According to election analysts and organizations such as FactCheck.org, a project of the Annenberg Public Policy Center in Pennsylvania, actual voter fraud is exceedingly rare in the U.S.
The Supreme Court’s 2013 decision in Shelby County v. Holder gutted a part of the 1965 Voting Rights Act that required states to get approval from the Justice Department before changing election laws. The department interpreted the ruling as also limiting a process it has used to justify sending specialized observers inside polling places.
“We’re going to be spread a little thinner in each of the states that we’re going to be in, but we’re going to be in at least as many states as in 2012,” Gupta said.
In the world of U.S. election enforcement, observers differ from monitors because they are specially designated officials with the legal authority to enter polling places. Monitors don’t have the same authority. They generally watch for intimidation or voting irregularities from outside, such as lobbying by supporters of a party or candidate too close to the voting site.
The Justice Department has concluded it can still send observers inside polling places in jurisdictions where there’s already a court order to do so. For general elections, that applies to certain areas in only four states: Alaska, California, New York and Louisiana. Additionally, a court order permits observers for municipal elections in one jurisdiction in Alabama.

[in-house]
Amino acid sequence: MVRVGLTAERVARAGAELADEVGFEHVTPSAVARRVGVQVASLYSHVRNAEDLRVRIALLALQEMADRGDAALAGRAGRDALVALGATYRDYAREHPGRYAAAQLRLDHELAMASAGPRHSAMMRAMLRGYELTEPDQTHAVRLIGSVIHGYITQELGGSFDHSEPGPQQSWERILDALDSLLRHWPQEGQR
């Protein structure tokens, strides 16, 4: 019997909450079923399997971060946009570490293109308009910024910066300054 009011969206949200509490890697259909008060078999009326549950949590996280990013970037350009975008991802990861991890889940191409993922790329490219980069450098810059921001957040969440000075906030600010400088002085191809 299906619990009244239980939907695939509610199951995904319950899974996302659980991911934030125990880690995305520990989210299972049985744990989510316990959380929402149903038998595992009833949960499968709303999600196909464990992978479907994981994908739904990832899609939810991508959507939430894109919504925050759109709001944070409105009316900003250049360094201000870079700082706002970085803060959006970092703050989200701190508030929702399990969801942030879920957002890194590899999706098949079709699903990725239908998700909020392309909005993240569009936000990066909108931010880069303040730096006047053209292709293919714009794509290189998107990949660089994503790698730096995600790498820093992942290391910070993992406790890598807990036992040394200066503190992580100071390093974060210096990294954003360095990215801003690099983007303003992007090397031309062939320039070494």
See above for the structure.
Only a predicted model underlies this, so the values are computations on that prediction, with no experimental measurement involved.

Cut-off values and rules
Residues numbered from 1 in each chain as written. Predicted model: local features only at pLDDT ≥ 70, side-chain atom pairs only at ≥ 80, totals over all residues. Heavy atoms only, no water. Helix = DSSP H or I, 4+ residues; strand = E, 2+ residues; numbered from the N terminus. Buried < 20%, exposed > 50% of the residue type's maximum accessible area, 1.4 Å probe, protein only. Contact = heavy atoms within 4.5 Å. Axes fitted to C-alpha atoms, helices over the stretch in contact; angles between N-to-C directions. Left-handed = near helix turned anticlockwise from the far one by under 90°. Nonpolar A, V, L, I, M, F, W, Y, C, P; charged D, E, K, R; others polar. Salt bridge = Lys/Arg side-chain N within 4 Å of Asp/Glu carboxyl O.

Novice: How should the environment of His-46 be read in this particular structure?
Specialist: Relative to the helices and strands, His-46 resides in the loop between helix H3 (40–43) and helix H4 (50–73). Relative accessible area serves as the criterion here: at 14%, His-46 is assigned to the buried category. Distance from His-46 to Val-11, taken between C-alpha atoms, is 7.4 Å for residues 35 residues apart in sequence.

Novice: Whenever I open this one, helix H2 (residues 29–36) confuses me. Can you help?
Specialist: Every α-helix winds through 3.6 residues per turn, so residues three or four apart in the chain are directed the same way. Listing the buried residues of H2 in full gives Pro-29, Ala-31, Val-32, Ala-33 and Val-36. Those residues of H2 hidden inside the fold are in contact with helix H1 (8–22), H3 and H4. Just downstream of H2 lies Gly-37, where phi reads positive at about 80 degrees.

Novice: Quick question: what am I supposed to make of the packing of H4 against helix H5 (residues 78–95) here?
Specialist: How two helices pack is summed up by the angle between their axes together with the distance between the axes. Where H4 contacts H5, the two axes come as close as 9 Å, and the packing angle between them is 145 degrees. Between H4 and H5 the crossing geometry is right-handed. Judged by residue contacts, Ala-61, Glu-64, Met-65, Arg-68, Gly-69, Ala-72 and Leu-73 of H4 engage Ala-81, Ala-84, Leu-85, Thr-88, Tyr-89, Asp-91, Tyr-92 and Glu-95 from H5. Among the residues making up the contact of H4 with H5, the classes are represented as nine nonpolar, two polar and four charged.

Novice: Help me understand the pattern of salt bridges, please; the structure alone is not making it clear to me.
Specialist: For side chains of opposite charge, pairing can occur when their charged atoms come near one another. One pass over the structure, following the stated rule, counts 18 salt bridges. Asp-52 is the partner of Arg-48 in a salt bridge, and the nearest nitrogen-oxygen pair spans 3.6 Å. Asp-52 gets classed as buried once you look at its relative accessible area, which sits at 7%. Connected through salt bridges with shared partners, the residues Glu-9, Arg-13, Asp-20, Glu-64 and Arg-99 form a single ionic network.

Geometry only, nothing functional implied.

That means the department is faced with deploying fewer observers to polling sites than in 2012, when it sent them to jurisdictions in 13 states. However, the department expects state and local election officials to allow specially trained monitors into polling places, increasing its reach.
Gupta said the department will remain vigilant, just as it has in prior years.
“Our monitors are going to be on the ground with as close a vantage point as possible,” Gupta said. “We will be doing everything we can to keep a close eye on the proceedings and to ensure that people are able to vote without obstruction.”